Two QBs from Oregon to face off in Browns, Jets game

Steve Doerschuk

Browns vs. Jets. Beavers vs. Ducks. Anderson vs. Clemens.

The Browns hope this mix washes out Sunday just as it did Nov. 21, 2004.

Playing his final Oregon State home game, Derek Anderson was on fire against archrival Oregon. He passed for 351 yards and four touchdowns in a 50-21 blowout.

It was a cold Saturday night for Oregon’s Kellen Clemens, who was intercepted three times and threw for 126 yards.

“Anderson and (wideout Mike) Hass were exceptional,” Oregon Head Coach Mike Bellotti said in his concession speech. “They are two of the more quality players in college football.”

Hass, who caught nine passes, told reporters, “Derek has taken so much hard press from people. He showed tonight how good he really was here.”

How good are they three years later? They’ll take turns answering that question Sunday when the Browns battle the Jets.

A third-year Brown, Anderson is 7-7 as an NFL starter, 7-4 this year. A second-year Jet, Clemens is 2-3 since replacing Chad Pennington and is coming off a blowout win over Miami.

Oregon vs. Oregon State, the 111-game-old “Civil War,” is as good as football gets in Oregon. The 2004 version was as embarrassing as it gets for the Ducks, who had never been pelted for 50 points by the Beavers.

Clemens outplayed Anderson a year earlier, passing for three TDs and running for one in a 34-20 win aided by two Anderson interceptions.

Sunday stands as the rubber match, with high personal stakes for both young passers from Oregon.

Anderson grew up in Scappoose, a short drive north of populous Portland.

Clemens hails from Burns, between Iron Mountain and King Mountain in the middle of nowhere.

Anderson is the only player to be named state high school football and basketball player of the year in Oregon’s 3A classification.

Clemens is a cowboy from a family of ranchers that began herding cattle in the days of the old West.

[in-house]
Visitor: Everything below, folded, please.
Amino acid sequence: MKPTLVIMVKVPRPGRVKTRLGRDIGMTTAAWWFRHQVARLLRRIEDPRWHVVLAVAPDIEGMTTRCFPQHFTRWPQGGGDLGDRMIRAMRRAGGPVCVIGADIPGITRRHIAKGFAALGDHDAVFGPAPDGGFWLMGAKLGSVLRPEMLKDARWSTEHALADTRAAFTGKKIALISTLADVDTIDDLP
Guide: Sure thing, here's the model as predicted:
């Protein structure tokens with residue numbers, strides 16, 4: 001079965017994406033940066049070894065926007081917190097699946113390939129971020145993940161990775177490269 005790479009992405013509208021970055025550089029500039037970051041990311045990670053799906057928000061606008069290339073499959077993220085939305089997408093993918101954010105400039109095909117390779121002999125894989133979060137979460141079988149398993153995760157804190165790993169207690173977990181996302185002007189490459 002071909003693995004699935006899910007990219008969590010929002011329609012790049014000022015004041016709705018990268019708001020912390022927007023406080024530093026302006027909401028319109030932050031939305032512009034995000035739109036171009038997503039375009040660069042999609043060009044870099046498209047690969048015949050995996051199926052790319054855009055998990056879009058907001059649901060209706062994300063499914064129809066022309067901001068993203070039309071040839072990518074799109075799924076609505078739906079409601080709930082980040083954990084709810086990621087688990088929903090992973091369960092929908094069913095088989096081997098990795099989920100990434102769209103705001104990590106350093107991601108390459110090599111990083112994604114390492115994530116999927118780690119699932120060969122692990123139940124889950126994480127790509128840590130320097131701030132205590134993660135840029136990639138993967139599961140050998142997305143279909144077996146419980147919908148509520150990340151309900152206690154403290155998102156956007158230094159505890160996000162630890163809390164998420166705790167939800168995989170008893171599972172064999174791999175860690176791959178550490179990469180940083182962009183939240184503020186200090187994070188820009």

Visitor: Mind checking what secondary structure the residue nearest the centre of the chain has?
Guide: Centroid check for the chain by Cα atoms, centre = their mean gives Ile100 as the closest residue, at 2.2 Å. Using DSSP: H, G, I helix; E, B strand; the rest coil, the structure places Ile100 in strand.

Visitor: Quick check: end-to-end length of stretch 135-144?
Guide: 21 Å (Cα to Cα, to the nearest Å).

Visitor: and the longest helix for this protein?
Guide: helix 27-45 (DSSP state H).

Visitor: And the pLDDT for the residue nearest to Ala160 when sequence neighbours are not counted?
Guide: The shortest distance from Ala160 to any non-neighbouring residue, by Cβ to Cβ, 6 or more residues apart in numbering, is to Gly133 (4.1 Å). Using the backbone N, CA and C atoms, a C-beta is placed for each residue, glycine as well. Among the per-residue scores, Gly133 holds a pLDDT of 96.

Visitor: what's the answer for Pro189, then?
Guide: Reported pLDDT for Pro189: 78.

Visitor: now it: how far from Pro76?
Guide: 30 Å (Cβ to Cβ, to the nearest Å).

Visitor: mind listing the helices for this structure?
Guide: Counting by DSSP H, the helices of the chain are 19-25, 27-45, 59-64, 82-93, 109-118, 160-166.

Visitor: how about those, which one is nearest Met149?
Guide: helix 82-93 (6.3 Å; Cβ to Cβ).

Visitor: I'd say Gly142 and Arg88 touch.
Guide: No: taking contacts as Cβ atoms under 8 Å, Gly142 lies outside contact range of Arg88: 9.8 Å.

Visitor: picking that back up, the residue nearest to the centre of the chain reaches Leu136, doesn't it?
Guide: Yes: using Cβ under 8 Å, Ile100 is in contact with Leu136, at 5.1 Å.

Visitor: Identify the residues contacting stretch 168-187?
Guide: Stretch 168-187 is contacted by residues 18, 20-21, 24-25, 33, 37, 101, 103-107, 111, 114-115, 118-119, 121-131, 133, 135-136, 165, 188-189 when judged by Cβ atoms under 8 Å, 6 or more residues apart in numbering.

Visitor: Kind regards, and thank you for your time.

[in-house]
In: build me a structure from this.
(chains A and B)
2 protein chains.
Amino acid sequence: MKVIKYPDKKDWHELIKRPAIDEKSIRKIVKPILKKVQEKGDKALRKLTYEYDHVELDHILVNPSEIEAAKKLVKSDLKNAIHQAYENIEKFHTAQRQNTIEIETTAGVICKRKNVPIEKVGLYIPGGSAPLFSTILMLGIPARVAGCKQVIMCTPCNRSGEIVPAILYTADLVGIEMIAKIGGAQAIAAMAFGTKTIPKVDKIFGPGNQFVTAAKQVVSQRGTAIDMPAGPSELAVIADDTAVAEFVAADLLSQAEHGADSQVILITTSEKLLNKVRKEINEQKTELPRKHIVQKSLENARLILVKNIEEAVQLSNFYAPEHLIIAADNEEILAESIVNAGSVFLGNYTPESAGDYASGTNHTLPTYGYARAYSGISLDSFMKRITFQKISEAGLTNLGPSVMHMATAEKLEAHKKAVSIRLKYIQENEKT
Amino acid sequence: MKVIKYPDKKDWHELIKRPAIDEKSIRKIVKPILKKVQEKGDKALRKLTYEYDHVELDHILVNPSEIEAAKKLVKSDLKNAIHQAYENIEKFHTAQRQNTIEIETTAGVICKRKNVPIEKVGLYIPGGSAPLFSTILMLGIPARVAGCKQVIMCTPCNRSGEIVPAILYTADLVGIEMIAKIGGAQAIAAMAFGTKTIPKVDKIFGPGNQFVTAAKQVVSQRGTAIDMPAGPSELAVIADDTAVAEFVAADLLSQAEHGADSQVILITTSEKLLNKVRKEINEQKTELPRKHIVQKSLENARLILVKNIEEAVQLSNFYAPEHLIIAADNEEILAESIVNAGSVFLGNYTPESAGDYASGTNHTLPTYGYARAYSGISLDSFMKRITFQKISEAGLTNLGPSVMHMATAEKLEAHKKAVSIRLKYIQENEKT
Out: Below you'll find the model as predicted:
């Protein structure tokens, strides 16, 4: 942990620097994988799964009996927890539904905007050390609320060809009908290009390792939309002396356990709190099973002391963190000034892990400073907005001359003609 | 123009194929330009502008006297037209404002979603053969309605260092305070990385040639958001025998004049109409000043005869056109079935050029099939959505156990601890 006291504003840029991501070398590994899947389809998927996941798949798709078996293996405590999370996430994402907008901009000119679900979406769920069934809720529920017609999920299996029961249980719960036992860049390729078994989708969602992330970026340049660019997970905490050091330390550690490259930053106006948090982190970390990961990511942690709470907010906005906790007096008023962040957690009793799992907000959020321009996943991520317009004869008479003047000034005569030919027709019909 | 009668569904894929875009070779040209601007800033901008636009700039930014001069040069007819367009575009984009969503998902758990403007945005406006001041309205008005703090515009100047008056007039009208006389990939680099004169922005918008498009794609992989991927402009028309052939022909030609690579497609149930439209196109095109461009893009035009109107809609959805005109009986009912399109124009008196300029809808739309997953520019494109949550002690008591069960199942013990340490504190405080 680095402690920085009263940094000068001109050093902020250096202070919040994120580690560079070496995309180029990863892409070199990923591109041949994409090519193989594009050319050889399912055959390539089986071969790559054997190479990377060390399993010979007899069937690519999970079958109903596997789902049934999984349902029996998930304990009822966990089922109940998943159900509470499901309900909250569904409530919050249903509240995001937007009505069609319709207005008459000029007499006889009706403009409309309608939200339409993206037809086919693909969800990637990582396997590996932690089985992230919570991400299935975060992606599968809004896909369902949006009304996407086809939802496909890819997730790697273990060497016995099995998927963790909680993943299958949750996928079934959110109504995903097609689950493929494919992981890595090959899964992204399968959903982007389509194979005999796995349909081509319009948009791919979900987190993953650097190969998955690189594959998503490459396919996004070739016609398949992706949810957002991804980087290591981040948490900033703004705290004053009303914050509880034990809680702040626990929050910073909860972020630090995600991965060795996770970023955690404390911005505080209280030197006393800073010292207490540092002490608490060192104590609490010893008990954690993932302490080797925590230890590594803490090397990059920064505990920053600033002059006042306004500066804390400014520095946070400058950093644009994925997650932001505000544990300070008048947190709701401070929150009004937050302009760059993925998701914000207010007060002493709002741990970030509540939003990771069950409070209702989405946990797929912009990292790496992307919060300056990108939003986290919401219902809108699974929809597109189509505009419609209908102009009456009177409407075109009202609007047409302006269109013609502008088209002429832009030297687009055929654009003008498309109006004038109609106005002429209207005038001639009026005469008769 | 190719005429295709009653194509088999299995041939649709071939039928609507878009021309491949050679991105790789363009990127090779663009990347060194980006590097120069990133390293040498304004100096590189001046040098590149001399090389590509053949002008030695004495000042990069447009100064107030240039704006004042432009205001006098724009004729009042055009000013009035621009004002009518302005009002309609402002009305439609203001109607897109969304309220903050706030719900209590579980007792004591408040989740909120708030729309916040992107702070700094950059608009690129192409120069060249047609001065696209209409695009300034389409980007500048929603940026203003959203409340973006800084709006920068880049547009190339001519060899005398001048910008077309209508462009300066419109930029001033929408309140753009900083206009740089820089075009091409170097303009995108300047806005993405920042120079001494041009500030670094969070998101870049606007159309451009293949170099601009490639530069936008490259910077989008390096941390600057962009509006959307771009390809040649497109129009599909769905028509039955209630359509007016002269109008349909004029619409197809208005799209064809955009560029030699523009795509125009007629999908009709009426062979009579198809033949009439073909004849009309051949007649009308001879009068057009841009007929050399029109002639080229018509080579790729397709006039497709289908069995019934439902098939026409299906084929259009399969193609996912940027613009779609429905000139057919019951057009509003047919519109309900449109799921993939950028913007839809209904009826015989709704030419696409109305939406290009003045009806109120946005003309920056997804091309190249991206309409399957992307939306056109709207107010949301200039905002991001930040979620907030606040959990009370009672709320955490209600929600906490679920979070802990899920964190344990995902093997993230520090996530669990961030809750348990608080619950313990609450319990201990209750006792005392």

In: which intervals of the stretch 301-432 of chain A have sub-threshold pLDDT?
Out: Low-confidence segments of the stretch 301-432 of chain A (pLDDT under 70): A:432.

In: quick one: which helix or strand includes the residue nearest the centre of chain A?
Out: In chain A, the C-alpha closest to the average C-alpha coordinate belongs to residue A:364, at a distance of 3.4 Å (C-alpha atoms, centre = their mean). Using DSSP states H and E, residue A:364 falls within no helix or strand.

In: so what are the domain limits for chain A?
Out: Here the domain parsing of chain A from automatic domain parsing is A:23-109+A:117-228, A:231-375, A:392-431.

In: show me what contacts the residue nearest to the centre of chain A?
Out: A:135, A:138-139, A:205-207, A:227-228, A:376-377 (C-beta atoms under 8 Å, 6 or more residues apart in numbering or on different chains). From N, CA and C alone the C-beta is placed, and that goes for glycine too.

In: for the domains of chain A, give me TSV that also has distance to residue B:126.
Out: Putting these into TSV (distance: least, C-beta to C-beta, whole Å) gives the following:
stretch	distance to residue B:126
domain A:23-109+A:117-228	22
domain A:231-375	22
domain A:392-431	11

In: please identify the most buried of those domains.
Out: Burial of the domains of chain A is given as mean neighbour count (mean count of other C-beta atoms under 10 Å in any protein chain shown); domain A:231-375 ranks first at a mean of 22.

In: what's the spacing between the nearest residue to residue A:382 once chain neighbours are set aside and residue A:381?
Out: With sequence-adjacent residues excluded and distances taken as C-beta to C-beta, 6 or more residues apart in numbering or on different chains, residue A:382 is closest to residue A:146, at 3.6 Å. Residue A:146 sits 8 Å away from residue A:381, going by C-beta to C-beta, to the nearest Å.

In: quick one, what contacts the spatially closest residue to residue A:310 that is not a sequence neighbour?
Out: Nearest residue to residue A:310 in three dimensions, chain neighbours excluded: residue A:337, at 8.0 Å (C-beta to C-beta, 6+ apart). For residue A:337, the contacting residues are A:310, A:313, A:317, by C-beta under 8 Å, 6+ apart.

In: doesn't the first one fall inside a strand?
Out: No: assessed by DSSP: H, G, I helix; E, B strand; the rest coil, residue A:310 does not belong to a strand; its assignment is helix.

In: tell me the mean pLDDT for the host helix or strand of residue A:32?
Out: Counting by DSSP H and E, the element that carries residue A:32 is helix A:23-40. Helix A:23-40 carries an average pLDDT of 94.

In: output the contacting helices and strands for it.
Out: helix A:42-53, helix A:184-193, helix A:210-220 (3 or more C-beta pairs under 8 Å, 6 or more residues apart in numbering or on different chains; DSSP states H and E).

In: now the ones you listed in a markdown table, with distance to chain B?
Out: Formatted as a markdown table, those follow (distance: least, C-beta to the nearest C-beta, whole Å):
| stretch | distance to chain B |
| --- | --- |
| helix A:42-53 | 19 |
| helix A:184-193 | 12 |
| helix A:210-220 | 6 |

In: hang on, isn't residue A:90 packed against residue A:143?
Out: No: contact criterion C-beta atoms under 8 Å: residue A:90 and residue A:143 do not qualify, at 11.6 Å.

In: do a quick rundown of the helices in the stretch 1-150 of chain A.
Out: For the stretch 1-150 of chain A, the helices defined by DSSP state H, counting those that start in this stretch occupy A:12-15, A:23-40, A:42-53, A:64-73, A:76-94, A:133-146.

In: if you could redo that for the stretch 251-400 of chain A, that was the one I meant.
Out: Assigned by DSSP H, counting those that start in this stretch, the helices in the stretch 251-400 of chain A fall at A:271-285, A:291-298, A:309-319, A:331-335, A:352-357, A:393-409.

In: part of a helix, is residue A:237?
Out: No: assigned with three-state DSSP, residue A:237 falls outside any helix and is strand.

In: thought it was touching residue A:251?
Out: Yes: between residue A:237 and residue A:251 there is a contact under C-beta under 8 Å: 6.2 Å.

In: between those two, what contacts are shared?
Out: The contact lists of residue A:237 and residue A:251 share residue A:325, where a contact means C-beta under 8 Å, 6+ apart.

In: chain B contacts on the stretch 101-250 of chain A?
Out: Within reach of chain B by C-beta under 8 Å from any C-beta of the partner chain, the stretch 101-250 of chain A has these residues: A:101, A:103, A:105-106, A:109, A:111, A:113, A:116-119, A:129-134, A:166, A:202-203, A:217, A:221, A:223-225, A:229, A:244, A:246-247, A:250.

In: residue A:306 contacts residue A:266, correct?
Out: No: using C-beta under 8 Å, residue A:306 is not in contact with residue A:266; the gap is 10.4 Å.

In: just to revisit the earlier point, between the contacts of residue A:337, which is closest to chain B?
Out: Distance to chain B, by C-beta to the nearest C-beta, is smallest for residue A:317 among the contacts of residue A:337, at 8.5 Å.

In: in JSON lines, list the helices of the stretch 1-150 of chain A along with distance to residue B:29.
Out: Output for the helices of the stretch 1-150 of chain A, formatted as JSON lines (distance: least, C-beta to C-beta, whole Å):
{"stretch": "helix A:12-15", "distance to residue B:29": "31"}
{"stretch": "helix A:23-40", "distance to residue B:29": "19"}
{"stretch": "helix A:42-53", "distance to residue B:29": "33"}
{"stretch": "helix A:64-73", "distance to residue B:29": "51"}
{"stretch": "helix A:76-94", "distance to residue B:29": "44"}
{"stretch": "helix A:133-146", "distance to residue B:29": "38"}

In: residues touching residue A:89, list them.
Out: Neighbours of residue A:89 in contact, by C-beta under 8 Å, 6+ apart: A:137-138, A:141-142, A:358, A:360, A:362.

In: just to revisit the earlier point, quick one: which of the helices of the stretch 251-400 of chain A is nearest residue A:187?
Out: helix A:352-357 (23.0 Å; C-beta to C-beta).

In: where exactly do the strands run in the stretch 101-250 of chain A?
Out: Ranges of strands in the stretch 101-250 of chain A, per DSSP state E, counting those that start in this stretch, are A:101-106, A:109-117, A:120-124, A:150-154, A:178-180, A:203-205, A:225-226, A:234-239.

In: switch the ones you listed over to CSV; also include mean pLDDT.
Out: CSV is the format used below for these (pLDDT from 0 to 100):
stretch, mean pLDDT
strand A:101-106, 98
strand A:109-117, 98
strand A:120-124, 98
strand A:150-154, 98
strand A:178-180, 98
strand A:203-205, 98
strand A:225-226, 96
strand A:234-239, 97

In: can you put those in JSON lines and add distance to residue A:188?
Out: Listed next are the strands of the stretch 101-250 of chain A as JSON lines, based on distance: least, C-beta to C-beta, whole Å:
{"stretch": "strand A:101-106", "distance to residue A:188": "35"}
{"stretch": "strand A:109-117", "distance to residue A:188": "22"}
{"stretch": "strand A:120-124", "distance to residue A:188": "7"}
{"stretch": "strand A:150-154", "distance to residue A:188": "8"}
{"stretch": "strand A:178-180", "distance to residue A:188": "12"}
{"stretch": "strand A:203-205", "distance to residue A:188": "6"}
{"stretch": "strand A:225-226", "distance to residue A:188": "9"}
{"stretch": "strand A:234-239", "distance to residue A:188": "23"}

Anderson grew to 6-foot-6. Clemens is four inches shorter but with an arm just as big, more mobility and more perceived “it.” At least, that was the case when the Jets drafted Clemens in Round 2 in 2006. Anderson was picked in Round 6 a year earlier.

Anderson has made himself a hotter item, ranking among league leaders in passing yards and touchdowns for a playoff contender.

Clemens’ team is going nowhere, but he earned his first NFL win as a starter Nov. 18 against Pittsburgh. A week earlier, Anderson lost at Pittsburgh.

Their lives seem intertwined.

Clemens was born June 6, 1983. Anderson arrived nine days later.

They were hardly next-door neighbors -- Scappoose and Burns are 300 miles apart. But ...

When Clemens was in high school, he drove three hours from the family ranch to the nearest big airport in Boise. He flew to the Elite 11 quarterback camp in Los Angeles, where invitees included Matt Leinart and a tall kid named Derek.

Clemens’ head coach is Eric Mangini, who got his NFL start in Cleveland.

Anderson’s head coach is Romeo Crennel, who was Mangini’s boss and mentor in New England.

Both are auditioning for longterm starting roles after opening the season behind former Mid-American Conference quarterbacks.

Neither fits the glamor-boy image of a star quarterback.

“I’m no different than anybody else,” Clemens told the Portland Tribune in 2004. “Ignorance would be my biggest asset.

“Growing up on a ranch shaped my life incredibly. I learned work ethic, responsibility, about being independent.”

The pride of Scappoose, population 4,976. The cowboy from Burns, population 3,064.

Oregon meets the Big Apple. Small world.

Reach Repository sports writer Steve Doerschuk at (330) 580-8347 or e-mail